If collected before the insects escape, those of good quality are hard and heavy and without perforations.  They are dark bluish-green or olive green in colour and nearly spherical in shape, measuring 12 to 18 mm in diameter.  These are the blue and green galls known in commerce.  If collected after the insects have escaped they have a pale yellowish-brown hue, are spongy and lighter in weight and are perforated near the center with a small hole.  These are known in commerce as white galls.  White galls contain less gallotannic acid than the blue or green galls.  The English Oak galls or Oak apples are smooth, globular and brown.  They are usually perforated and much less astringent than Aleppo galls, containing only 15 to 20 per cent of gallotannic acid.  As such they have no real commercial value.

Medicinally galls are the most powerful of all vegetable astringents.  It is used as a tincture internally in cases of dysentery, diarrhoea and cholera, and as an injection in gonorrhoea and leucorrhoea.  Preparations of galls are usually applied as a local astringent externally, mainly as a gall ointment (1 oz. of powdered galls and 4 oz. of benzoated lard) and applied to painful haemorrhoids.  It can also be used to arrest haemorrhages from the nose and gums.  An infusion may be used as a gargle for inflamed tonsils etc.

The Oak is known by many folk names such as:  Father of the Woods, King of the Forests, Royal Oak, Tree of Britain, White Oak, Duir, Jove’s Nuts, Gospel Oak and Juglan.  Its deity associations are with:  Hecate, Dione, Diana, Rhea, Cybele, Circe, Athene, Demeter, Bridgid, Bridhe, St Briget, Blodeuwedd and Cerridwen.  Zeus, Hercules, Pan, Jehovah, Esus, Odin, Thor, Dagda, Herne and Janus.   Its planet ruler is Jupiter, with close associations to the Sun.  Its associated element is Fire.  It is used to attract the powers needed for:  Protection, Health and Healing, Fertility, Luck, Money, Joviality and Potency.

Astrologically Oak people (i.e. those who are born during the month of June) are robust, courageous, strong, unrelenting, independent and sensible.  They do not like change, keep their feet on the ground, and are people of action.  Even when faced with over riding stress, hurt or pain, Oak people come out on top better and stronger and more grounded than before.  Instead of bending under stress, hurt and pain, they adapt and grow until they overcome it.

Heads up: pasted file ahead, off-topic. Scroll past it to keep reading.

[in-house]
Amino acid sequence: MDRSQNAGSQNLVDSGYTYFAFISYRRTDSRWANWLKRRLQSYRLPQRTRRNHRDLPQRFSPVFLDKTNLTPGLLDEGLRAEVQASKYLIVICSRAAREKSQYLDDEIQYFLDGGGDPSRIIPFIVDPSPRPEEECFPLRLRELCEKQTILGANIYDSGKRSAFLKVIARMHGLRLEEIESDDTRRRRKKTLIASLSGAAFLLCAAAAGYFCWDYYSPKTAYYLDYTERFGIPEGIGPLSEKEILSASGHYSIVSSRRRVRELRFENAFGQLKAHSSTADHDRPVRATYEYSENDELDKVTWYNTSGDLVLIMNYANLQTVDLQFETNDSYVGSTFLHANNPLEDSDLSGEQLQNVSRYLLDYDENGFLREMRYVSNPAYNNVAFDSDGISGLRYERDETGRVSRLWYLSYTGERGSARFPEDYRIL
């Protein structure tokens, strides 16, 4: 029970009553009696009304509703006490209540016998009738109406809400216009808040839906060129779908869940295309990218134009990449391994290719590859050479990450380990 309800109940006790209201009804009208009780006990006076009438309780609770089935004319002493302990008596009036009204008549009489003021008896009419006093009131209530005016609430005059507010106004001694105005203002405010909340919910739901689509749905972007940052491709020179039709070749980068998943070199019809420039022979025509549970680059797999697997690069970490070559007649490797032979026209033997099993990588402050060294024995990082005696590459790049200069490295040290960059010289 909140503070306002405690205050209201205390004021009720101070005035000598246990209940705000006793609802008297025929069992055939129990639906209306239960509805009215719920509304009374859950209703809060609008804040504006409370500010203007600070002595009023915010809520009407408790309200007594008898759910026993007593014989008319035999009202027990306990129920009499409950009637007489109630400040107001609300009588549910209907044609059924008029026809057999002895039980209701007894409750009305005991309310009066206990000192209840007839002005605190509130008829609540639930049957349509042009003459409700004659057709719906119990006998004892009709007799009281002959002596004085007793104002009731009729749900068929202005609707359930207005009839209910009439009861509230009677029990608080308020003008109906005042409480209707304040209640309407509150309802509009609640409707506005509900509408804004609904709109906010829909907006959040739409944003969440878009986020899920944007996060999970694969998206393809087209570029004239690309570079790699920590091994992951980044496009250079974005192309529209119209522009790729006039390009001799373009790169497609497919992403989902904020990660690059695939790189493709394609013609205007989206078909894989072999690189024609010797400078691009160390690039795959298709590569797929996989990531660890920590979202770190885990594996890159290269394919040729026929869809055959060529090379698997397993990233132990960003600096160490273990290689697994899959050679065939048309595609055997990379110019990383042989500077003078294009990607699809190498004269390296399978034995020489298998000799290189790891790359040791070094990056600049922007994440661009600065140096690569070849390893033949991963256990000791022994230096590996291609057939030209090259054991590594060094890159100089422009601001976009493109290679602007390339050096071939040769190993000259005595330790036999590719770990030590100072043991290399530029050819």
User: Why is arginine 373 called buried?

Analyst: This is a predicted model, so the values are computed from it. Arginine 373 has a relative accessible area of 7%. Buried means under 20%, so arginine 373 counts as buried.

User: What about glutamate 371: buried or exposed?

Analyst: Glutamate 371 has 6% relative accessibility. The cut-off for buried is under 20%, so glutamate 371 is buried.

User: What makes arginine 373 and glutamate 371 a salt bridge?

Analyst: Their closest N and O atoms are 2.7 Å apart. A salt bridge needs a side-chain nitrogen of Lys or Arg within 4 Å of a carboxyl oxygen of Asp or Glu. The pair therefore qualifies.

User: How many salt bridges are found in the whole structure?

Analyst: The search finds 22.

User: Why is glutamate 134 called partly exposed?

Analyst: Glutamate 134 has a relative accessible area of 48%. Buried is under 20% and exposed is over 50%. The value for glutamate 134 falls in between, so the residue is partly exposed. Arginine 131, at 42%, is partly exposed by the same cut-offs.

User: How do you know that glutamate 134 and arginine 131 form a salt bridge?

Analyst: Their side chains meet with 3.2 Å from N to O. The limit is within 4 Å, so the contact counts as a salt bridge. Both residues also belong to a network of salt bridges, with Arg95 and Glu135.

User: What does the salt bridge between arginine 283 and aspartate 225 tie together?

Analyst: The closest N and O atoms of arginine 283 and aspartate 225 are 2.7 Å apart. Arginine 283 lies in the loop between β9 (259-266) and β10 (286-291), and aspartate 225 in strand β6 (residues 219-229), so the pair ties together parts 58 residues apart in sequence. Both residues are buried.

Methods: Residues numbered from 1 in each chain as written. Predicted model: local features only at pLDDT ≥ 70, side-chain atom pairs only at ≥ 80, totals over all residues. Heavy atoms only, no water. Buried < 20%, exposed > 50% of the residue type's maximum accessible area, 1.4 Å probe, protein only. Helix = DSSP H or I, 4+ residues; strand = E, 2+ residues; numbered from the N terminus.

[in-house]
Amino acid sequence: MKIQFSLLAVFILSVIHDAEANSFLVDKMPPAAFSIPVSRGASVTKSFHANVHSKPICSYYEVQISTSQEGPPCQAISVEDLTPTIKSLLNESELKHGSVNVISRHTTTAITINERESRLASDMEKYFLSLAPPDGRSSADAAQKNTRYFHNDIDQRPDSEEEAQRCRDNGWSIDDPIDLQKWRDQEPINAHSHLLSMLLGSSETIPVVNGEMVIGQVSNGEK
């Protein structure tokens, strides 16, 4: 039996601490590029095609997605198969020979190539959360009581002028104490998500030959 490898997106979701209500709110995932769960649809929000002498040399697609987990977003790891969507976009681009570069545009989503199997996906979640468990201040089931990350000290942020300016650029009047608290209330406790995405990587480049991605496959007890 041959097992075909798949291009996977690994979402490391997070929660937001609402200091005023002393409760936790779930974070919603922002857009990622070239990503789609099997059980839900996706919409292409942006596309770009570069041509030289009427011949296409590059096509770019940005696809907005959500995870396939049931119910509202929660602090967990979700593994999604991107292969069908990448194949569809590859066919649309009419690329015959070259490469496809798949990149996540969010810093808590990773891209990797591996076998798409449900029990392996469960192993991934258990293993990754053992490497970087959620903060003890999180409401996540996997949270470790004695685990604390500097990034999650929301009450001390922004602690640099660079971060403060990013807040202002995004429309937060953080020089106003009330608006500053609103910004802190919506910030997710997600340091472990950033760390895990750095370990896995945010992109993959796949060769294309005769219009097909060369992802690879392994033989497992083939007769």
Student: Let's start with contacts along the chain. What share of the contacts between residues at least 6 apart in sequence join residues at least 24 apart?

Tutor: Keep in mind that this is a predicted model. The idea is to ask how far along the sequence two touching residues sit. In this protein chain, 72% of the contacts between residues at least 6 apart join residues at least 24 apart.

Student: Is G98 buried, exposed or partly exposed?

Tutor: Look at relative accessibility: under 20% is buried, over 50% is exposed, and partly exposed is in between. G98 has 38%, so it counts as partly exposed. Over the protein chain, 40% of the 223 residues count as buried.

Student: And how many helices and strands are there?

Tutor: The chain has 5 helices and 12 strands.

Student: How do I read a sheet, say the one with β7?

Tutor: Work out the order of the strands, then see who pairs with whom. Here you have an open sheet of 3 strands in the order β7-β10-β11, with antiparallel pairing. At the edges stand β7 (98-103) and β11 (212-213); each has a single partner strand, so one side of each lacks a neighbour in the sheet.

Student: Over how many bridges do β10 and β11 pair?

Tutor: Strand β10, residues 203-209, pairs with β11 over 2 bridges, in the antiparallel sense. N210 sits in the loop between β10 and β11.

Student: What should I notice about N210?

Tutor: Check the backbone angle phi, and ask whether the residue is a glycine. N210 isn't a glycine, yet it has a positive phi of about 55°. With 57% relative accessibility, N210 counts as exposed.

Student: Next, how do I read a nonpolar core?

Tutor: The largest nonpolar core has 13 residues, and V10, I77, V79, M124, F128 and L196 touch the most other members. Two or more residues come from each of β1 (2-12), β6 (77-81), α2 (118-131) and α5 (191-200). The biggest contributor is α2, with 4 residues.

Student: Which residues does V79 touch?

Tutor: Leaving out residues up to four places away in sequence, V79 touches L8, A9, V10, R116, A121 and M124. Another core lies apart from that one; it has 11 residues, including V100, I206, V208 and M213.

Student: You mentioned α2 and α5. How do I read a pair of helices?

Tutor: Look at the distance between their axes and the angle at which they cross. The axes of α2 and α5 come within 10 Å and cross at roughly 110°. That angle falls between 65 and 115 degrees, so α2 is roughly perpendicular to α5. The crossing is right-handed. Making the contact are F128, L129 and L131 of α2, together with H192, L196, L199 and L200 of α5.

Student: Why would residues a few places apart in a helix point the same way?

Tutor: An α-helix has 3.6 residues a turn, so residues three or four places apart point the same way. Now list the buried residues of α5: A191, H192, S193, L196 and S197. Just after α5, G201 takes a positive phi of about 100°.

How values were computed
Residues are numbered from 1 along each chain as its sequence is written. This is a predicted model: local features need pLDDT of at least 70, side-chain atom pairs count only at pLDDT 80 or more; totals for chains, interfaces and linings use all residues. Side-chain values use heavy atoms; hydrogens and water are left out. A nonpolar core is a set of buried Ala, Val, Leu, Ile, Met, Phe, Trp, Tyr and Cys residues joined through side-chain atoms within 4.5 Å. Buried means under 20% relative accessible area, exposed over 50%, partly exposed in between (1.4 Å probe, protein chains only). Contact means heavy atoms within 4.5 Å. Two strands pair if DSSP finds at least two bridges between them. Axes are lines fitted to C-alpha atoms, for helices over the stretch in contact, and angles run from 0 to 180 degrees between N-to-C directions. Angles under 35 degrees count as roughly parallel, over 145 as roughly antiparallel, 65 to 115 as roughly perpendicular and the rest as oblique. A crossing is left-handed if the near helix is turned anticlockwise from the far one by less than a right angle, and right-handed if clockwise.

End

 

Sources:

Cunningham's Encyclopedia Of Magical Herbs - By Scott Cunningham.

Encyclopedia of Wicca & Witchcraft - By Raven Grimassi.

The Encyclopedia of Witches & Witchcraft - By Rosemary Ellen Guiley.

Tree Wisdom (The definitive guidebook to the myth, folklore and healing power of Trees) - By Jacqueline Memory Paterson.

AA Book of Britain's Countryside.

The Penguin Hutchinson Reference Library (CD cassette).

Microsoft Encarta Encyclopedia (CD cassette).

Encyclopædia Britannica 2005 Ultimate Reference Suite DVD. Copyright © 1994-2003

Plus many websites to numerous to mention.

 

First published the 18th January 2002, 13:41:02  -  Updated the 07th June 2008  ©  George Knowles

 

 

Best Wishes and Blessed Be.

 

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Home Page

 

A Universal Message:

 

Let there be peace in the world  -   Where have all the flowers gone?

 

About me:

My Personal PageMy Place in England / My Family Tree (Ancestry)

 

Wicca & Witchcraft

 

Wicca/Witchcraft /  What is Wicca What is Magick

 

Traditional Writings:

 

The Wiccan Rede Charge of the Goddess Charge of the God  /  The Three-Fold Law (includes The Law of Power and The Four Powers of the Magus) /  The Witches Chant The Witches Creed Descent of the Goddess Drawing Down the Moon The Great Rite Invocation Invocation of the Horned GodThe 13 Principles of Wiccan Belief /  The Witches Rede of Chivalry A Pledge to Pagan Spirituality

 

Correspondence Tables:

 

IncenseCandlesColours Magickal Days Stones and Gems Elements and Elementals

 

Traditions:

 

Traditions Part 1  -  Alexandrian Wicca /  Aquarian Tabernacle Church (ATC) /  Ár Ndraíocht Féin (ADF) /  Blue Star Wicca /  British Traditional (Druidic Witchcraft) /  Celtic Wicca /  Ceremonial Magic /  Chaos Magic /  Church and School of Wicca /  Circle Sanctuary /  Covenant of the Goddess (COG) /  Covenant of Unitarian Universalist Pagans (CUUPS) /  Cyber Wicca /  Dianic Wicca /  Eclectic Wicca /  Feri Wicca /

 

Traditions Part 2 Gardnerian Wicca /  Georgian Tradition /  Henge of Keltria /  Hereditary Witchcraft /  Hermetic Order of the Golden Dawn (H.O.G.D.) /  Kitchen Witch (Hedge Witch) /  Minoan Brotherhood and Minoan Sisterhood Tradition /  Nordic Paganism /  Pagan Federation /  Pectic-Wita /  Seax-Wica /  Shamanism /  Solitary /  Strega /  Sylvan Tradition /  Vodoun or Voodoo /  Witches League of Public Awareness (WLPA) /

 

Other things of interest:

 

Gods and Goddesses (Greek Mythology) /  Esbats & Full Moons Links to Personal Friends & Resources Wicca/Witchcraft Resources What's a spell? Circle Casting and Sacred Space  Pentagram - Pentacle Marks of a Witch The Witches Power The Witches Hat An esoteric guide to visiting London SatanismPow-wowThe Unitarian Universalist Association /  Numerology:  Part 1  Part 2  /  Part 3A history of the Malleus Maleficarum:  includes:  Pope Innocent VIII  /  The papal Bull  /   The Malleus Maleficarum  /  An extract from the Malleus Maleficarum  /  The letter of approbation  /  Johann Nider’s Formicarius  /  Jacob Sprenger  /  Heinrich Kramer  /  Stefano Infessura  /  Montague Summers  /  The Waldenses  /  The Albigenses  /  The Hussites /  The Native American Sun DanceShielding (Occult and Psychic Protection)  The History of ThanksgivingAuras  - Part 1 and Part 2 /

 

Sabbats and Festivals:

 

The Sabbats in History and Mythology /  Samhain (October 31st)  /  Yule (December 21st)  /  Imbolc (February 2nd)  /  Ostara (March 21st)  /  Beltane (April 30th)  /  Litha (June 21st)  /  Lammas/Lughnasadh (August 1st)  /  Mabon (September 21st)

 

Rituals contributed by Crone:

 

Samhain / Yule Imbolc Ostara /  Beltane Litha Lammas Mabon